The tail that wags the dog

A neighborhood friend of mine, when I was teenager, owned a friendly junkyard dog of no discernable pedigree named Butch. One of us discovered that Butch’s tail connected to his demeanor. Lift his tail and he held his head a little higher, his ears perked up and he would get all happy. Push his tail down between his legs and his ears would droop, his head would lower and he would mope about for a while. Try this with your own dog and you may see a similar response. Let us know what you discovered by posting a comment below. A change in posture—tail position—was all that was required to evoke an apparent emotional shift in Butch. A similar story told by Lee Pascoe in her book The Magic of Make Believe reminded me of my own experience.  But what has that got to do with self hypnosis? 

The connection is indirect but very important as it has to do with one of the powerful forms of autosuggestion—anticipatory role behavior, which is sometimes utilized in direct suggestions during self-hypnosis. 

Anticipatory role behavior is acting or role playing in the present—that’s the behavior part—in ways as you would expect, believe or predict for a particular future circumstance in which you expect or wish to find yourself—the anticipatory part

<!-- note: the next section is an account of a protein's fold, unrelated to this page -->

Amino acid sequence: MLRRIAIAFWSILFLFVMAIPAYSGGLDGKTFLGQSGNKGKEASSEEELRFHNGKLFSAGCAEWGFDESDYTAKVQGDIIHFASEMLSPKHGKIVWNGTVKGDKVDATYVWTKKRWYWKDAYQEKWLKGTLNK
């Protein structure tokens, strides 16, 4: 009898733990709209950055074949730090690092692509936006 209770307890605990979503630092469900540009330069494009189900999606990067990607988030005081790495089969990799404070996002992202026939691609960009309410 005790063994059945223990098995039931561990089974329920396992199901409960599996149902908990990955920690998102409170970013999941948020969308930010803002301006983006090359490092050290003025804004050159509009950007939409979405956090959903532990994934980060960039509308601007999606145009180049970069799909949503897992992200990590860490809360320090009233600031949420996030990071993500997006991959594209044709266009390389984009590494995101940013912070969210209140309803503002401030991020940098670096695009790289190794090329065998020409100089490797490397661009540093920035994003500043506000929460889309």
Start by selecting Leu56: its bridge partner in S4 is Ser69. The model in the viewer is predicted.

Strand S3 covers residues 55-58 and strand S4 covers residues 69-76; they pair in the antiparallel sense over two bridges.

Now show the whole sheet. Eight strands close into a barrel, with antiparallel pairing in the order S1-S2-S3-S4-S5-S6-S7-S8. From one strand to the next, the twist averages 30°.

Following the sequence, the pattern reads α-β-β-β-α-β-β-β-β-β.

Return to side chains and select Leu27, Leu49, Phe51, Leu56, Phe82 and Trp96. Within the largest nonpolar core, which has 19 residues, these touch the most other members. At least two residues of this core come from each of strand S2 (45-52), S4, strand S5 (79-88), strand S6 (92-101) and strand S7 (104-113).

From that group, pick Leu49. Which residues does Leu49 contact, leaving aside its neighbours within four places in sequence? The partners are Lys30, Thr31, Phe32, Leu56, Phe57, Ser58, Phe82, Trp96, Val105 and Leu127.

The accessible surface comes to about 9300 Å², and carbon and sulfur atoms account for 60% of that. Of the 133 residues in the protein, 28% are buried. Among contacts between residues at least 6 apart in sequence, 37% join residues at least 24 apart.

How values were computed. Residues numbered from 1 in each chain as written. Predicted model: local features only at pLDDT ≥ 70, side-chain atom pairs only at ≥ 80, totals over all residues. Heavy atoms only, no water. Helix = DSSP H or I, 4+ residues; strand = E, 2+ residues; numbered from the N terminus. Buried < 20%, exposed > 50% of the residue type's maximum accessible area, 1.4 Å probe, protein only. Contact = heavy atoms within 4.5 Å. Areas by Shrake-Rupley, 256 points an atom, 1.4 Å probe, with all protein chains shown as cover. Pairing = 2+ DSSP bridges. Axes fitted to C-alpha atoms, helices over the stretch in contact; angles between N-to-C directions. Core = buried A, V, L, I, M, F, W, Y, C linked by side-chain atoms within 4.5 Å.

In his book Mind Over Mind: The Surprising Power of Expectations author Chris Berdik describes how players of the on-line role-playing game World of Warcraft who have “taller and better looking avatars bested the shorter, uglier ones even though appearance confers no actual functional advantages” to one over the other. 

Berdik goes on to explain how researchers also discovered that wearing better looking avatars “gave college students the confidence to contact more attractive potential dates” in real life. This was an unintended consequence of role-playing but illustrates the power and subtle influence that role playing exerts.  What about those with short ugly avatars? They were more inclined to misrepresent their height—claiming to be taller than they actually are. 

Something as seemingly benign as role playing an on-line fantasy game can lead to altered behavior in real life. Wouldn’t it be beneficial and desirable to learn how to role play in a way that brings about intentional change? 

To do so requires some planning: